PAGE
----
Governor Edwards announced that funding will be made available to study why the 33% of  Louisiana’s African American population account for nearly 60% of COVID-19 deaths.  Over 400 of those deaths were residents of Louisiana nursing homes and long-term care facilities. The Governor declared a state of emergency to fight the new coronavirus and that declaration may impact common questions regarding duty of care and negligence.  Due to the lack of knowledge of foreseeable danger related to the deadly transmission of COVID-19, staff may have been unaware of the plethora of negative health outcomes possible, even if they were following pandemic and isolation protocols that are mandatory in Center for Medicare and Medicaid certified facilities.  If protocols were not followed and they endangered residents, there may be issues of liability for negligence or unintentional neglect.

 Law.

In U.S. Tort Law, negligence can be compensated if someone acted carelessly to a foreseeable harm, or failed to act at all, resulting in loss, injury or death to another person.  In order to prove negligence in a personal injury wrongful death case, the elements of duty, breach of duty, actual cause, proximate cause and tangible damages must be present. When extenuating circumstances impact the actions that led to harm, each case will need to be carefully analyzed by professionals considering the circumstances resulting in Louisiana nursing home deaths.

Immunity.

As more coronavirus lawsuits are initiated, arguments will begin as to what negligence is defined as,  during this unprecedented event  impacting healthcare delivery standards. There is no current blanket immunity for all U.S. nursing homes and it would be a slippery slope action to grant it across the board, since some facilities have fallen short of mandated industry standards. If someone died at a long term care facility, or nursing home, because they were not isolated from sick individuals, a degree of  responsibility may fall onto the facility. Seeking consultation with an experienced attorney about the case is advised.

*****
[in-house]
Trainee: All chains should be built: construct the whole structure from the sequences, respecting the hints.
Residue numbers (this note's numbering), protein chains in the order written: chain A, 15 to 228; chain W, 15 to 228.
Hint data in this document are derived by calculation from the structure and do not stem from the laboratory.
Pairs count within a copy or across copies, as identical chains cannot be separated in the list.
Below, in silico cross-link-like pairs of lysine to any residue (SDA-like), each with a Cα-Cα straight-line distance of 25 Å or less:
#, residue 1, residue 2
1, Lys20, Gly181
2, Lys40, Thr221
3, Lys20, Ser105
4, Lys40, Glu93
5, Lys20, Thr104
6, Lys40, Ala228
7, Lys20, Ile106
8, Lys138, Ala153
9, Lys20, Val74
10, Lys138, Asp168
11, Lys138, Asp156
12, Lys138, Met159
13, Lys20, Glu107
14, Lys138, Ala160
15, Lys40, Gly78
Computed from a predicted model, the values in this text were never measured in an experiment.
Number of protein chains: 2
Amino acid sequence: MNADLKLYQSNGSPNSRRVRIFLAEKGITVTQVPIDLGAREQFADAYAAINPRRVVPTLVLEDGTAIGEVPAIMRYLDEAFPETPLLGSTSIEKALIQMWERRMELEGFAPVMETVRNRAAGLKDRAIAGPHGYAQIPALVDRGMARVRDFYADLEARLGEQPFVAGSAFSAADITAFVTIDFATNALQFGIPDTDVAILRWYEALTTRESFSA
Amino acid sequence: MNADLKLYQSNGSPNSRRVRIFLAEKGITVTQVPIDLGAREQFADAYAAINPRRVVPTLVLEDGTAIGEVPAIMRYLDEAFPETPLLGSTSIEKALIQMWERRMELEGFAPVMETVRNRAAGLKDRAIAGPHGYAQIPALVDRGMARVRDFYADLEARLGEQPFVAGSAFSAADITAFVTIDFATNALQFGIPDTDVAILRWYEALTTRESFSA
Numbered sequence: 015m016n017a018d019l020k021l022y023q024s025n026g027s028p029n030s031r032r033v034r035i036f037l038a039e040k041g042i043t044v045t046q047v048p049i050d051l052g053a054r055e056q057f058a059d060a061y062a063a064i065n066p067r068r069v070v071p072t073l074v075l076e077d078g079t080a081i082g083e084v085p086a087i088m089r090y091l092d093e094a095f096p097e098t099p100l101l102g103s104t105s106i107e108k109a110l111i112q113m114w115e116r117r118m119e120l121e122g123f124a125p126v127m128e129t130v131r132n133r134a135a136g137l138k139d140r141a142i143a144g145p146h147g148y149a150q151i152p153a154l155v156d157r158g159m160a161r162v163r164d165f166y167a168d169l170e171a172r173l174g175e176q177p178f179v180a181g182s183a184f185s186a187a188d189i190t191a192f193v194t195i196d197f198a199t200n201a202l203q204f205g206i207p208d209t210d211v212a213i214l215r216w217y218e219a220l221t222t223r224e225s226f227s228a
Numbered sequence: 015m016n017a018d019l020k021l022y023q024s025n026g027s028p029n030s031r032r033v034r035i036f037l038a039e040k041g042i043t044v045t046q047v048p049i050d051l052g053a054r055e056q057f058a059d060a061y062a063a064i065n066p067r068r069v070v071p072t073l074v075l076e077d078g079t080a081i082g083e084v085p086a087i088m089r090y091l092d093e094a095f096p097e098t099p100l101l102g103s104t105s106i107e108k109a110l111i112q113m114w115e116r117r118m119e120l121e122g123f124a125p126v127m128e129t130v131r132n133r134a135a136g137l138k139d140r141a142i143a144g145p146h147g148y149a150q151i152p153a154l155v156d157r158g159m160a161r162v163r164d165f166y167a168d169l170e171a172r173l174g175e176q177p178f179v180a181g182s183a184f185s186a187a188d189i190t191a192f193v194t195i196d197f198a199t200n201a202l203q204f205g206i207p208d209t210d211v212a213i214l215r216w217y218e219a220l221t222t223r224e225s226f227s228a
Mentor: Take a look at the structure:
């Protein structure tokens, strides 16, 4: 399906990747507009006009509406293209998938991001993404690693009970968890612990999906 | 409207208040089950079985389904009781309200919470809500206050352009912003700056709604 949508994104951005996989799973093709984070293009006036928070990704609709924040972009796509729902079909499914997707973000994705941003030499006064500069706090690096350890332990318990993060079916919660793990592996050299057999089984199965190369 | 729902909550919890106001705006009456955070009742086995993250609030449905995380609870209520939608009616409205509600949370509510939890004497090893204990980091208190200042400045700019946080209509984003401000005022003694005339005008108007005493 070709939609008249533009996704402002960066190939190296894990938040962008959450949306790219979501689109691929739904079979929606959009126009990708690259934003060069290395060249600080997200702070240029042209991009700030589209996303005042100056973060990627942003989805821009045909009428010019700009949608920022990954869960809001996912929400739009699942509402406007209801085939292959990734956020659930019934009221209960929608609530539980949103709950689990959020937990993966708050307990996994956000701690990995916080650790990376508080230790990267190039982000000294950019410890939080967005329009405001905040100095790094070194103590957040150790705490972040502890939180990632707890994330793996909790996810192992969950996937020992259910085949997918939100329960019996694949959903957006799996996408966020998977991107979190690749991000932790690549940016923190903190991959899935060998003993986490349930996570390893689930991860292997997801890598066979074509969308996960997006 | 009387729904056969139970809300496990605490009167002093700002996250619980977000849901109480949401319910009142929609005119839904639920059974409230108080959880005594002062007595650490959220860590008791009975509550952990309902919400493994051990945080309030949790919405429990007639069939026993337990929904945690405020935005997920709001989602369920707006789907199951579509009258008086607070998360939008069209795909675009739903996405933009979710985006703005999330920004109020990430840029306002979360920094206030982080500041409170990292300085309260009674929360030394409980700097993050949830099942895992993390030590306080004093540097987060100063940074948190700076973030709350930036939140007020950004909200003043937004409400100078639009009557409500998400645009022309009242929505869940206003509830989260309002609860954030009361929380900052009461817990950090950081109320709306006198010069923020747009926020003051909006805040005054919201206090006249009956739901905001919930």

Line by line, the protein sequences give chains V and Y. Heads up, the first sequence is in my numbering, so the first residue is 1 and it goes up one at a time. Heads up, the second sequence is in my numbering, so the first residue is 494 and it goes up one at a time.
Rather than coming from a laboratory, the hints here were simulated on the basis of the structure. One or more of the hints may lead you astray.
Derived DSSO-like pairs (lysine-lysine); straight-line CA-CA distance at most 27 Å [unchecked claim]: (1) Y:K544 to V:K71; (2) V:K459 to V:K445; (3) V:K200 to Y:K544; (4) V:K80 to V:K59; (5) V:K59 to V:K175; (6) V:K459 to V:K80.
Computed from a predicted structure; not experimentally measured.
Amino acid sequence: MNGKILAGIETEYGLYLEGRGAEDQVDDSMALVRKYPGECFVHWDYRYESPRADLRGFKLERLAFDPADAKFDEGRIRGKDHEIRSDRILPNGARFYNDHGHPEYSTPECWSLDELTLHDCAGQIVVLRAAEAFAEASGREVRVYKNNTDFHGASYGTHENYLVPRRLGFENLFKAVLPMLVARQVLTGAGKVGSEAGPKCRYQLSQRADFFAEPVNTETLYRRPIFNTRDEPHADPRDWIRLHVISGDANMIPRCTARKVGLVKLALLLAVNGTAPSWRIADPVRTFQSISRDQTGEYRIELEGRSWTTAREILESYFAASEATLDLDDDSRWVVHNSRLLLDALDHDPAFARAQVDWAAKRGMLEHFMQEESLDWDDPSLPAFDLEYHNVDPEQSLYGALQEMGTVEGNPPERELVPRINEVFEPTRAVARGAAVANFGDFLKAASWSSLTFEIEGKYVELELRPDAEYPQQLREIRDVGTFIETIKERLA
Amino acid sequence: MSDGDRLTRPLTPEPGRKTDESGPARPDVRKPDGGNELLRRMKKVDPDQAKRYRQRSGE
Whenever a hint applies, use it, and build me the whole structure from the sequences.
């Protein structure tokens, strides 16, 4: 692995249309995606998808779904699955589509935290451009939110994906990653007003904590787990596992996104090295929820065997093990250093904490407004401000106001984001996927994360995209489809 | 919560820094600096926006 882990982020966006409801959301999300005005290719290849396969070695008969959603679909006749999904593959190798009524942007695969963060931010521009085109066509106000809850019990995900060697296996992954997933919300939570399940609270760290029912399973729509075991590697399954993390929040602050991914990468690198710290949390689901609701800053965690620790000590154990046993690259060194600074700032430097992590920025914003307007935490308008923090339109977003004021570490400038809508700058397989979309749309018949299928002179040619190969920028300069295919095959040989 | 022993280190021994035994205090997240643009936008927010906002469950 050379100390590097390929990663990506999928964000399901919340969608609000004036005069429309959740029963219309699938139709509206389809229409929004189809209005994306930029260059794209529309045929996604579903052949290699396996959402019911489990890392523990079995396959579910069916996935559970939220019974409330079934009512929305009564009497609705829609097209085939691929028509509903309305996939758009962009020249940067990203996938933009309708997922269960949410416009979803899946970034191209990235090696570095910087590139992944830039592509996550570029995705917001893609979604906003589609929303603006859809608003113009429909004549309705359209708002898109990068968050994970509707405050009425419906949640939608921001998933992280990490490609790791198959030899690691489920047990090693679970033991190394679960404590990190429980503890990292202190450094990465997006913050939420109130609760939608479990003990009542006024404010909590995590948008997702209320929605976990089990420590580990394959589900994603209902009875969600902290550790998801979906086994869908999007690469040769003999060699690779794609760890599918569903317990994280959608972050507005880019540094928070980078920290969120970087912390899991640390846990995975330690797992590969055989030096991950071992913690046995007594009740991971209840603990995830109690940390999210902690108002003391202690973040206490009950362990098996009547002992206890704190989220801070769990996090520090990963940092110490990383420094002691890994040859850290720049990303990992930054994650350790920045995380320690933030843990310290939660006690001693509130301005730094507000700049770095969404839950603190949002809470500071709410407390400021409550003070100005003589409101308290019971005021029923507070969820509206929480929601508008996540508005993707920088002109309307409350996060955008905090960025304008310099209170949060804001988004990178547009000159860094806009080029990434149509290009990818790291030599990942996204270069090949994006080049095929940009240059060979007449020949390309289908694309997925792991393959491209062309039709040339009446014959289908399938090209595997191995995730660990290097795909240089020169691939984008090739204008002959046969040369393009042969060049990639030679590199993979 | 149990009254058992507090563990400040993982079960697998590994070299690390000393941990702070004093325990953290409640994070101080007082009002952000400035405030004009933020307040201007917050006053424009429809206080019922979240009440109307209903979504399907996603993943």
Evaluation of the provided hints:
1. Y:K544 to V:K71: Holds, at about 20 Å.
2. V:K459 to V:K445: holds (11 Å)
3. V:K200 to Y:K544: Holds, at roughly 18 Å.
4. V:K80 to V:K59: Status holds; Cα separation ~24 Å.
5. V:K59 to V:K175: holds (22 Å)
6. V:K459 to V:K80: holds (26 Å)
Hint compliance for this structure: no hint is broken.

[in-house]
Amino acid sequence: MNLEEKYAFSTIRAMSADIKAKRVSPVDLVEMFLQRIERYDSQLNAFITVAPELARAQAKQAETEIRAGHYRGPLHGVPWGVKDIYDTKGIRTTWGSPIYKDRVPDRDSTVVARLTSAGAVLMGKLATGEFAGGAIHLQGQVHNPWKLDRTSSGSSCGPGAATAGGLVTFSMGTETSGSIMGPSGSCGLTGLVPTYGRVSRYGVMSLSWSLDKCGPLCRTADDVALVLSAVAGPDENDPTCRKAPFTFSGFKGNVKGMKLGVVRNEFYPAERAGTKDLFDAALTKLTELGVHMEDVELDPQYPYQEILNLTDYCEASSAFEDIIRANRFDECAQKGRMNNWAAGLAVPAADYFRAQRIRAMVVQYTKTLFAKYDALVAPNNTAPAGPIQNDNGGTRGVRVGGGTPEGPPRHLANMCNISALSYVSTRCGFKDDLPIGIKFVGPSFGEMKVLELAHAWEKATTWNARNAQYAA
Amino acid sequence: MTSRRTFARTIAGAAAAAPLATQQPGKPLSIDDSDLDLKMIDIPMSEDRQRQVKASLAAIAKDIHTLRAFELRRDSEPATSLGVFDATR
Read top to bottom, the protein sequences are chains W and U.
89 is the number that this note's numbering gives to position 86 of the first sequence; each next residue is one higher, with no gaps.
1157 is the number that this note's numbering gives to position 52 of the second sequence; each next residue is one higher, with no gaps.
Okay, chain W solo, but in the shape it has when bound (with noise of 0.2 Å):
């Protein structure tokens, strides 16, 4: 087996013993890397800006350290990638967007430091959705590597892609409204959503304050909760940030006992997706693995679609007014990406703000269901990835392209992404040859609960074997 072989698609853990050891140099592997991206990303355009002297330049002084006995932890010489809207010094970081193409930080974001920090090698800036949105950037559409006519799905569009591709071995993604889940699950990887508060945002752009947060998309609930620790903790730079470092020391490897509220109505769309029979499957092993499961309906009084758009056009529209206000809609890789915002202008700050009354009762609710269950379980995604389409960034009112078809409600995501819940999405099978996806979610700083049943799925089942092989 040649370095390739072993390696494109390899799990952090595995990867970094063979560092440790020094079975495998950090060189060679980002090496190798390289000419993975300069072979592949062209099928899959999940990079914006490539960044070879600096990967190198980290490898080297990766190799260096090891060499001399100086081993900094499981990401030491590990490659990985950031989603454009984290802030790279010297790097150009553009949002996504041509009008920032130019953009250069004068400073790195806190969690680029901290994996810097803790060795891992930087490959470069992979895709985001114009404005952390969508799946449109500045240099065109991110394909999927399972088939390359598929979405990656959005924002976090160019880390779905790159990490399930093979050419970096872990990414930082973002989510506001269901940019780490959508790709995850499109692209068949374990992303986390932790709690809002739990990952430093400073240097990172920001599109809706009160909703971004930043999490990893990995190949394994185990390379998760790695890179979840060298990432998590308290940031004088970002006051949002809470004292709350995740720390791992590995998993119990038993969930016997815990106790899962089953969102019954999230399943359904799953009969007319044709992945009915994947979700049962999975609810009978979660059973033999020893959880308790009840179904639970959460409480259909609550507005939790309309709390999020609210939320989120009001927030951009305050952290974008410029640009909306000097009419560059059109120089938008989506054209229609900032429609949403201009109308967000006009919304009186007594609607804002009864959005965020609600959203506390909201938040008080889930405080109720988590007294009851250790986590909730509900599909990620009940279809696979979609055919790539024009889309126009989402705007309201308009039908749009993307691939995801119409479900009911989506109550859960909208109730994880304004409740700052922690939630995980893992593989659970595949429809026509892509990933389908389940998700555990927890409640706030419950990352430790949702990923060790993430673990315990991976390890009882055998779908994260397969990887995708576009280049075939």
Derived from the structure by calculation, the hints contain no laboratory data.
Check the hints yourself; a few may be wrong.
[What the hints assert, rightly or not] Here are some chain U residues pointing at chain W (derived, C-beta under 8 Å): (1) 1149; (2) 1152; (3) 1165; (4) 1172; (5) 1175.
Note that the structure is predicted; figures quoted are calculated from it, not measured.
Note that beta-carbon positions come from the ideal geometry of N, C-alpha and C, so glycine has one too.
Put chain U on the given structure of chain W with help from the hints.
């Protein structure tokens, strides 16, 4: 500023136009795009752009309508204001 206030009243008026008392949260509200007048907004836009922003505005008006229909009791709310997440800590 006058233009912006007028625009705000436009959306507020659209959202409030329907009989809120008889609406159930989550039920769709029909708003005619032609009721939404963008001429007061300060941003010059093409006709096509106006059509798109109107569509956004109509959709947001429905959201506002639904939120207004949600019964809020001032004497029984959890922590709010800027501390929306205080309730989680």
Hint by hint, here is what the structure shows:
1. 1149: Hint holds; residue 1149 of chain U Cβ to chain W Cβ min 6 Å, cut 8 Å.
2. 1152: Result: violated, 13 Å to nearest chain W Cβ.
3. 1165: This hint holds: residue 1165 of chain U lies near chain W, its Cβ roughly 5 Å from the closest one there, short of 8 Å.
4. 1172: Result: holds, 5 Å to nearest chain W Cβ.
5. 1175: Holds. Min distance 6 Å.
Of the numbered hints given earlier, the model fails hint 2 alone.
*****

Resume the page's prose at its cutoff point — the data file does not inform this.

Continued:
Negligence.

Nursing home abuse claims include acts of negligence that cause, or exacerbate existing health conditions or place residents in danger. Determinations will need to be made regarding any violations of the Nursing Home Reform Act (NHRA) of 1987, but taking into consideration the public health emergency and the overriding laws of the state during a disaster event.  Deviations from facility cleanliness, staff hygiene and administrative infectious disease protocols could place a resident at risk and may be considered acts of unintentional negligence.

Wrongful death.

Louisiana wrongful death legal actions address the death of a person resulting from an injury inflicted by the negligence or wrongful act of another. The statute of limitations for wrongful death claims in Louisiana is one year from the date of the decedent’s death in most cases.  An experienced attorney can help navigate the way the laws will be interpreted for families suffering losses due to COVID-19 illnesses in Louisiana nursing homes.

Sources.

Nursing Home Reform Act (NHRA) of 1987

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